Thirty Thousand Streets

Tuesday, February 10, 2009

Johnny Wilderness

I introduced you to Johnny Wilderness - real name Johnny Silverstein - last year. Founding member of The Awkward Squad. You remember the one. Johnny’s super-wealthy father - known in the red-top press as the Merchant Prince, on account of the rags-to-riches story of his going from door-to-door salesmen to multi-millionaire business tycoon with a majority share in a number of the world’s largest accountancy firms - had been engaged in a very specific real estate project since the late 50s. Every time one of the terraces (what Americans call rowhouses) became available on Pericles Road in West Hamsptead, just around the corner from my new digs on Shoot Up Hill, he bought it.

In 99 Silverstein Senior died, and Johnny Wilderness took over the project. I don’t know how much Johnny got his immaculately-manicured hands on, but Zoe reckons it ran into 8 figures.

A couple of months later, the last of the houses on Pericles Road went on the market at a cool £900K, and the estate agent knew not to bother phoning anyone else. Johnny made an offer that very afternoon at 15% above asking price. Three weeks later he’d exchanged contracts. He now owned the entire row - 24 individual Edwardian terraces running south from Mill Lane. He celebrated by opening a bottle of Krug Clos Du Menil 1995 with an 18th century Prussian cavalry sabre, and injecting a small quantity of heroin directly into the tearduct of his left eye.

Next morning he took a shower, swallowed a raw egg and called architects Gallant, Kobiyashi and Flük. The project, conceived four decades earlier by his father, was to knock the terraces together - take out the walls that divided them from one another, and the ceilings, and create one vast room, curving almost 150 meters along the west side of the road. It was an insanely difficult thing to do. Supporting columns had to be placed at stress points to prevent the ceilings from simply caving in. The logistics almost drove Kobiyashi insane, and Flük took over, bringing a dispassionate Scandinavian eye to the project. Windows and doors were left in place, and the individual terraces had their own colour schemes for guttering and front door. Indeed, the facades and the gardens were left in different stages of maintenance and repair, to give the impression from the outside, to the casual observer, that the houses were still discrete, individually-owned and -inhabited units.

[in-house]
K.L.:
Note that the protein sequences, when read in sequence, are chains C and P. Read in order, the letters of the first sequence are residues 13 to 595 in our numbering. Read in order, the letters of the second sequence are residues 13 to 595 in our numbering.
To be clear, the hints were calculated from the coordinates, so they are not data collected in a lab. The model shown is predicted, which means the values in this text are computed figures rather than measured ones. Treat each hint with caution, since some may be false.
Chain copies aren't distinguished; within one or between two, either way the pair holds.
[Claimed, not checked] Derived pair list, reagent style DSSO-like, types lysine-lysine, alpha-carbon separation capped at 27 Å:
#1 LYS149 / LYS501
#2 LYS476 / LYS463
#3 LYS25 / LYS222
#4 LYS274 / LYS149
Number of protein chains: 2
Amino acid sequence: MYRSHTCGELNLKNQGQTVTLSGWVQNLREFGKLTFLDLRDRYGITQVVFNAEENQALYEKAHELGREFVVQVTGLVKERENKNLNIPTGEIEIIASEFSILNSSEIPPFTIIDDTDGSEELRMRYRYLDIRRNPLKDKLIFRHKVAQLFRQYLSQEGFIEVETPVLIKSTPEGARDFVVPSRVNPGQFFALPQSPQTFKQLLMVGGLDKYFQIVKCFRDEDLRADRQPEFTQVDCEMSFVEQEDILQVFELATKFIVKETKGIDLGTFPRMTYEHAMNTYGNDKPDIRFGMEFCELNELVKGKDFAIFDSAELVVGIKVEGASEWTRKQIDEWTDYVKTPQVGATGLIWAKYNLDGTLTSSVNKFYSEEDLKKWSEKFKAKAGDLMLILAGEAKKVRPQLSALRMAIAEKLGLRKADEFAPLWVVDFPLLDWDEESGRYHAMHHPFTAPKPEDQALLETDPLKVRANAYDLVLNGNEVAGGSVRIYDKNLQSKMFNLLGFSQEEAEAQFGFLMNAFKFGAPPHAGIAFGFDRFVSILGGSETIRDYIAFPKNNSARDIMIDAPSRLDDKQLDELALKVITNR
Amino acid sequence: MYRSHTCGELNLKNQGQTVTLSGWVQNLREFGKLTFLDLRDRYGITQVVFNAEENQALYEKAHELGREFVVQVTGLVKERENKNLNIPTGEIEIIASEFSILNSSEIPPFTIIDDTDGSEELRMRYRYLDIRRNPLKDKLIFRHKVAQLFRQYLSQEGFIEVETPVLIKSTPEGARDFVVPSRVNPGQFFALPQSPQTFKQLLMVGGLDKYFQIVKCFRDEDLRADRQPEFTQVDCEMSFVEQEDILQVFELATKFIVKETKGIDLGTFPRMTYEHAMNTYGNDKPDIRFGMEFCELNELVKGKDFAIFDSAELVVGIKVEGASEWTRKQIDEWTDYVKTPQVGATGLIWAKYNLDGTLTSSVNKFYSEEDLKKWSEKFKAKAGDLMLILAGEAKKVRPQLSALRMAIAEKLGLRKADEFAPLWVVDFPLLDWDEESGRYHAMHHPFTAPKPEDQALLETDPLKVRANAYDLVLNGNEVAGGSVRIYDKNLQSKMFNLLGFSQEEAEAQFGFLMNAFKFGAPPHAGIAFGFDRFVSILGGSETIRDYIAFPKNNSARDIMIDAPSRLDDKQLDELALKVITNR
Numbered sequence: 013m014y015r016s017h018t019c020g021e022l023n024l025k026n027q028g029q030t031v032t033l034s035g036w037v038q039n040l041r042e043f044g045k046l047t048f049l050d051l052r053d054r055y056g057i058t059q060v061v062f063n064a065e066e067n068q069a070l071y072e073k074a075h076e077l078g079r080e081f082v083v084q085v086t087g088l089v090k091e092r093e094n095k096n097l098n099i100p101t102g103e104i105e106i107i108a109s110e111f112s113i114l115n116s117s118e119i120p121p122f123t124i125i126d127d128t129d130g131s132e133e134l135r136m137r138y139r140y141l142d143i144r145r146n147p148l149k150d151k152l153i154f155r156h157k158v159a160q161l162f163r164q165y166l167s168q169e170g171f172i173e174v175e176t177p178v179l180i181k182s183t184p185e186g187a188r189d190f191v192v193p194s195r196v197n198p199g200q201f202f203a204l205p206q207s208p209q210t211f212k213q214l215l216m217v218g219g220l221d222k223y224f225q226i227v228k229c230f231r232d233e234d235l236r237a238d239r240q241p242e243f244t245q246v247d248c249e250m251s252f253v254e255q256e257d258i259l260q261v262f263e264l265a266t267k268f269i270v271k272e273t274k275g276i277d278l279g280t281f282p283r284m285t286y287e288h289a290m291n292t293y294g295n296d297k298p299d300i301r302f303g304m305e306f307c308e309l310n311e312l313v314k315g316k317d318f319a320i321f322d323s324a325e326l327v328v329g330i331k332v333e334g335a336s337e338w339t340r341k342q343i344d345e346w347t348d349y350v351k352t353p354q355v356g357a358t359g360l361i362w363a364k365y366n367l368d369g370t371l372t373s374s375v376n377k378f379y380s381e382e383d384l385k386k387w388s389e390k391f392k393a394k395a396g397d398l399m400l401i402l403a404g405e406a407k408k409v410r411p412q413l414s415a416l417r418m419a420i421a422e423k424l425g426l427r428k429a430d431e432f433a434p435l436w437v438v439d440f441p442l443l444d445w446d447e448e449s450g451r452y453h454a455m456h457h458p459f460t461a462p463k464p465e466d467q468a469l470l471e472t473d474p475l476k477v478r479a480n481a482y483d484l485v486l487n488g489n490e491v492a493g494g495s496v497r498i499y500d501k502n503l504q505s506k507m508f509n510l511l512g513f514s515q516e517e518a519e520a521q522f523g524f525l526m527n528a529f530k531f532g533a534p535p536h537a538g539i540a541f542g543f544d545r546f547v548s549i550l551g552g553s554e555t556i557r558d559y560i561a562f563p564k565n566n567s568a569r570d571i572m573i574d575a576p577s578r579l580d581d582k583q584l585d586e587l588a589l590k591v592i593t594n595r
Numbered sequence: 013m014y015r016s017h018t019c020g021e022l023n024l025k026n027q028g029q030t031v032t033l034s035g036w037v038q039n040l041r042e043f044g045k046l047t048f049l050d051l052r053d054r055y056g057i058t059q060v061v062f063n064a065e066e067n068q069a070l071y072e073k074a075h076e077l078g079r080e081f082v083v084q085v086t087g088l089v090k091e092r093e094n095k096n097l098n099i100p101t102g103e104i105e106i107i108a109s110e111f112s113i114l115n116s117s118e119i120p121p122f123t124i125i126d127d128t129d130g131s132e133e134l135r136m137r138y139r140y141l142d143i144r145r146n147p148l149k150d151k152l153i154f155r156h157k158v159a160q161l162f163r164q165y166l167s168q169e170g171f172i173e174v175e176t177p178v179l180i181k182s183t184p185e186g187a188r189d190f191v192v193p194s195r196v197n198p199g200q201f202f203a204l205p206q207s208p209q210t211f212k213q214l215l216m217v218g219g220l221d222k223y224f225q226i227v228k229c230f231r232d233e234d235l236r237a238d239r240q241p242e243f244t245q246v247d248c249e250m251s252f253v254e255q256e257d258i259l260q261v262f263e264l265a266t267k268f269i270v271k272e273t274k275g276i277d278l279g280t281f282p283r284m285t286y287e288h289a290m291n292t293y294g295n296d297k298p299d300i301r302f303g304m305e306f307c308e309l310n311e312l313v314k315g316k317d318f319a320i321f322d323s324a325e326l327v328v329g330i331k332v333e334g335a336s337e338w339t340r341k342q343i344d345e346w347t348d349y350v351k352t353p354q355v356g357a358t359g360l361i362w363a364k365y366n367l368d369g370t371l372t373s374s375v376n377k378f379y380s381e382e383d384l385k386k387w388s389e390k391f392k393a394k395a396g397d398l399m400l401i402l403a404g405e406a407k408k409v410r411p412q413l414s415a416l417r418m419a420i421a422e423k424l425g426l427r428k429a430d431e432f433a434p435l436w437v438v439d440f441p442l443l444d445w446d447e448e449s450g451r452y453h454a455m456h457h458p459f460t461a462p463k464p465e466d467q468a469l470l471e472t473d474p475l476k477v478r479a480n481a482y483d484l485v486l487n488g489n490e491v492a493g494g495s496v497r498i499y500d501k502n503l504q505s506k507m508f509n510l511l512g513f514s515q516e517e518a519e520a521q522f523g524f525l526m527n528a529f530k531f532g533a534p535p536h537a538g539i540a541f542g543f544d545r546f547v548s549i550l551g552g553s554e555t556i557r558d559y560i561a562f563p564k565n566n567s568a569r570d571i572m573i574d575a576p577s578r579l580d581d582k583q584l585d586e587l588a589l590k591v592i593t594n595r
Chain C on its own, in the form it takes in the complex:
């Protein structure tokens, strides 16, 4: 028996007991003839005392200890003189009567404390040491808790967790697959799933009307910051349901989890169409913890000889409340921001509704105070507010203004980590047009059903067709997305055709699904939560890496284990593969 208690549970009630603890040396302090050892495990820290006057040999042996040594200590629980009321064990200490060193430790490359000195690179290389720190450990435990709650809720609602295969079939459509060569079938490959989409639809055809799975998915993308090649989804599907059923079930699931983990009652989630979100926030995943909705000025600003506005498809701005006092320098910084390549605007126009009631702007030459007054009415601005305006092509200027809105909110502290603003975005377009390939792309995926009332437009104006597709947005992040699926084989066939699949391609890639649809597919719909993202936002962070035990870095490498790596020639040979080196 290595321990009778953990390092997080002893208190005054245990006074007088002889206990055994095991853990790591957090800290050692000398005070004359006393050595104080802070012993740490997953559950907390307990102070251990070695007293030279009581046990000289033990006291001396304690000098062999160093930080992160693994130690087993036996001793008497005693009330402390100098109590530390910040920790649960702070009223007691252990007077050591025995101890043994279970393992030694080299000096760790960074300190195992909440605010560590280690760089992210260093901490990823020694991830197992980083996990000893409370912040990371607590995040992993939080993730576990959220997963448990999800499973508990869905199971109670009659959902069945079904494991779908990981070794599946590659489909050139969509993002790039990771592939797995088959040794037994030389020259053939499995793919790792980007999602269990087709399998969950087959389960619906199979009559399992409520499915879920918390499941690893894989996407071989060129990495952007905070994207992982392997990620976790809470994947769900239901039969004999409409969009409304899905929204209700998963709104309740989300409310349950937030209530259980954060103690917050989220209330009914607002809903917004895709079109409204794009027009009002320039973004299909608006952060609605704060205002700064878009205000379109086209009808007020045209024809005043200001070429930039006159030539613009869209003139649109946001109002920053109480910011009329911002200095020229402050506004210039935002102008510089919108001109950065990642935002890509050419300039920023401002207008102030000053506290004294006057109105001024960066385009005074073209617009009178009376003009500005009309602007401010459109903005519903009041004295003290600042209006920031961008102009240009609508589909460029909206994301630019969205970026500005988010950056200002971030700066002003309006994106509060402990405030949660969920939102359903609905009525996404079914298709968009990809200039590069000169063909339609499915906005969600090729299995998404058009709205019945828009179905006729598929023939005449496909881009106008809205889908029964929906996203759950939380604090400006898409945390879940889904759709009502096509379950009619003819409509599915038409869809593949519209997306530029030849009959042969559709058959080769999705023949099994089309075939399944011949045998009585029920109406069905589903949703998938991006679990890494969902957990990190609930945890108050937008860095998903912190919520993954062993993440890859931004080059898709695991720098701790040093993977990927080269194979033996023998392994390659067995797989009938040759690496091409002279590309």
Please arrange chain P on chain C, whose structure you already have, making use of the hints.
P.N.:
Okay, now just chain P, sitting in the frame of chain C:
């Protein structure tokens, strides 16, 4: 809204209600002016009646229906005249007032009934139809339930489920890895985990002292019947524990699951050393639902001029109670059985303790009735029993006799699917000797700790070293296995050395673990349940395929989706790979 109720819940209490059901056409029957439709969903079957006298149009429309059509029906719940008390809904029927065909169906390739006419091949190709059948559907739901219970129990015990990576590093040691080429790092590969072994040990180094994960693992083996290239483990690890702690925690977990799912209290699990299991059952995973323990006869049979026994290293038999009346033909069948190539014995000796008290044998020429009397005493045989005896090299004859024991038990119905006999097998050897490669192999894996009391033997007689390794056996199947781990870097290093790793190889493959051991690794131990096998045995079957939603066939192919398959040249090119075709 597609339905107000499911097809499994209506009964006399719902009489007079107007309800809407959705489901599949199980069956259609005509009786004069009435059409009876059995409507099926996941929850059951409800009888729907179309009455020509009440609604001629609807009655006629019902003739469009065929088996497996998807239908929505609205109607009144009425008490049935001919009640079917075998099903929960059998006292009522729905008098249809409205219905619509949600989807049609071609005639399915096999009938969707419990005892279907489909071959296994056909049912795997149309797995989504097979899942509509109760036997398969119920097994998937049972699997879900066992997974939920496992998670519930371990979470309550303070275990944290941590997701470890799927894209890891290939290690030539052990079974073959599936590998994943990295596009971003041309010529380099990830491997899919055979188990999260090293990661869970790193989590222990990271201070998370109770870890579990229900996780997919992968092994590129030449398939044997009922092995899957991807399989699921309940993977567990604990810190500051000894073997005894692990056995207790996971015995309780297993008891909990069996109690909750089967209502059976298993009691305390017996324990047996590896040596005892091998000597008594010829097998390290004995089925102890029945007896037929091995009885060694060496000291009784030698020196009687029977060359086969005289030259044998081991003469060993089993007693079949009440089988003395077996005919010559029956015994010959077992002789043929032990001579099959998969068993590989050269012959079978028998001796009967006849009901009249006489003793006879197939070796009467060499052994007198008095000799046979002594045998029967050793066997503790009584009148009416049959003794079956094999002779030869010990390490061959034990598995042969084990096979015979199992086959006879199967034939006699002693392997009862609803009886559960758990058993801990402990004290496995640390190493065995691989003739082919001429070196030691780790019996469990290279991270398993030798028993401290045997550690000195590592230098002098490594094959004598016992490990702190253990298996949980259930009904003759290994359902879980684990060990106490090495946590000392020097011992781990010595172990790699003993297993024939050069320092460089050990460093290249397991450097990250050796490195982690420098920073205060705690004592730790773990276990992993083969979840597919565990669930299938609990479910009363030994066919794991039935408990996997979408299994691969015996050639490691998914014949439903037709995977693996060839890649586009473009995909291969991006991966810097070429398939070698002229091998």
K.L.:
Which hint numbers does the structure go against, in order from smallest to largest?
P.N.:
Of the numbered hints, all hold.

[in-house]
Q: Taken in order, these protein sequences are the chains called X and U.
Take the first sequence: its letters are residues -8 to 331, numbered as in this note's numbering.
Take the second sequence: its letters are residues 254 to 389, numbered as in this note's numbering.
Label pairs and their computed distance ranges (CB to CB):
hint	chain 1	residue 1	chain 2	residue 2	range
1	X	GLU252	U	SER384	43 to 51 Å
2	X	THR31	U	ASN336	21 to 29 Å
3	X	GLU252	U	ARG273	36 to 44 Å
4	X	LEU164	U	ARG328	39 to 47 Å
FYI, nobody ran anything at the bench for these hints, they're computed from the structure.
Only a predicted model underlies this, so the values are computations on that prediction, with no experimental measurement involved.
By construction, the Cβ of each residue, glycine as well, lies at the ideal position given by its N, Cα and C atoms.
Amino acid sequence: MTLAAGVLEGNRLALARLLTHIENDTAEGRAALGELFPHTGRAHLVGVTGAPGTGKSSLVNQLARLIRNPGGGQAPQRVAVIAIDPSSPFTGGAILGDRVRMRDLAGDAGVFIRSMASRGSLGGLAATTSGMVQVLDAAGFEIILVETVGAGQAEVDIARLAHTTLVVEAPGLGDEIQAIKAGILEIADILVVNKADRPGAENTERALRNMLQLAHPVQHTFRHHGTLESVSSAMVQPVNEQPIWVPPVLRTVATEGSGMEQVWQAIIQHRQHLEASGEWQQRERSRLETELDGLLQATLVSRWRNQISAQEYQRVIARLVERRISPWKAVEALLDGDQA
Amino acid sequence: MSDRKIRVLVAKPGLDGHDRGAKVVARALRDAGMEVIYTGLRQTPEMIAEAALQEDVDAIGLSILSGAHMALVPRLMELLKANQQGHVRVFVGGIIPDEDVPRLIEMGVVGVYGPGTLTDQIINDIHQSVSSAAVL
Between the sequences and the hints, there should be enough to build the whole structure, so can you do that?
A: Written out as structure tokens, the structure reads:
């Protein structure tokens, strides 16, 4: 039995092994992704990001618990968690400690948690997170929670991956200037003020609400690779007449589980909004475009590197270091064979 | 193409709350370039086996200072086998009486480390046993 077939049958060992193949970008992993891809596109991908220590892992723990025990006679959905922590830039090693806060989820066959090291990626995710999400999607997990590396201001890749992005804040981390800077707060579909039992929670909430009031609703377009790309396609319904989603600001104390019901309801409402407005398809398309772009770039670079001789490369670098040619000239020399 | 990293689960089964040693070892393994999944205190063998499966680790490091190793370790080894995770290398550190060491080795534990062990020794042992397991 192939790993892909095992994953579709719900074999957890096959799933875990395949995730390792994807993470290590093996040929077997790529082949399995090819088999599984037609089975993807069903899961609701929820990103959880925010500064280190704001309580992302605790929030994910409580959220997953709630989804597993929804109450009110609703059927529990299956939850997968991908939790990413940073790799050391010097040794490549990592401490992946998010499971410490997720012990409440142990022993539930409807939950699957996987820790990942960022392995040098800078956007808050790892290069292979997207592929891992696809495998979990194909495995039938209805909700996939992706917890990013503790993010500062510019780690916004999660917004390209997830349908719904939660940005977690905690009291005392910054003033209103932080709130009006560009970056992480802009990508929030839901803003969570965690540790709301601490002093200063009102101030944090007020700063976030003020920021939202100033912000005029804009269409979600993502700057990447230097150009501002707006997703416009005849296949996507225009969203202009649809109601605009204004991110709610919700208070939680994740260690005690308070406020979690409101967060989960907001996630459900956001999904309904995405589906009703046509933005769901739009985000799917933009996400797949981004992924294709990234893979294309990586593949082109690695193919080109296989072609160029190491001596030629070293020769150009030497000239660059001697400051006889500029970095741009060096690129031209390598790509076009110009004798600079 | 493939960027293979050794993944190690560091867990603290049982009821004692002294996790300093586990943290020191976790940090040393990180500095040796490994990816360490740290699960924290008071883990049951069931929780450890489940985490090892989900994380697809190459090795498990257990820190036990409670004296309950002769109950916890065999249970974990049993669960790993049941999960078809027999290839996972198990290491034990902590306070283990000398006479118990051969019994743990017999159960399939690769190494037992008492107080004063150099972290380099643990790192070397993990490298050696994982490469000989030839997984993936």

It took the best part of a year, and a substantial proportion of the funds Johnny had at his disposal to acomplish it, but accomplish it he did. Pericles Parties in the long, curving corridor became legendary. But the real pay-off for Johnny - the culmination of his dad’s plan - was when door-to-door salesmen called. As I said, that was how Silverstein senior had started life, humping a suitcase full of bow ties, monkey wrenches, teddy bears and alarm clocks from street to street in North West London in the late forties as an austere sun sunk behind the roof tiles. There was a legend amongst the street hawkers back then that if you got a sale at every one of two dozen doors in a row, the company would pension you off to salesman heaven. Impossible? At any rate, no-one had ever managed to pull it off.

But now, almost sixty years later, if your beat happened to be the west side of Pericles Street, NW6, something wonderful might happen. If Johnny was in, and not too wasted, he’d answer your knock at number 1. You’d make your pitch to this lantern-jawed toff, who’d wink at you and rummage in the pockets of his Armani suit trousers for his wallet. First sale of the day, you’d smile to yourself. And you’d march out of the front garden, and try the next house along.

Johnny would answer that door too.

It only worked a couple of times, of course, before word started getting around and every salesman in London beat a path to NW6. But I saw him do it, one of the early ones, before anyone had clocked what was going on, and it was lovely to be there at the punchline of a joke that had been building for forty years. Just a shame the old man never got to see it.


comes_out_in_the_wash said...


The Eyechild said...

Thank you for your kind words, sir!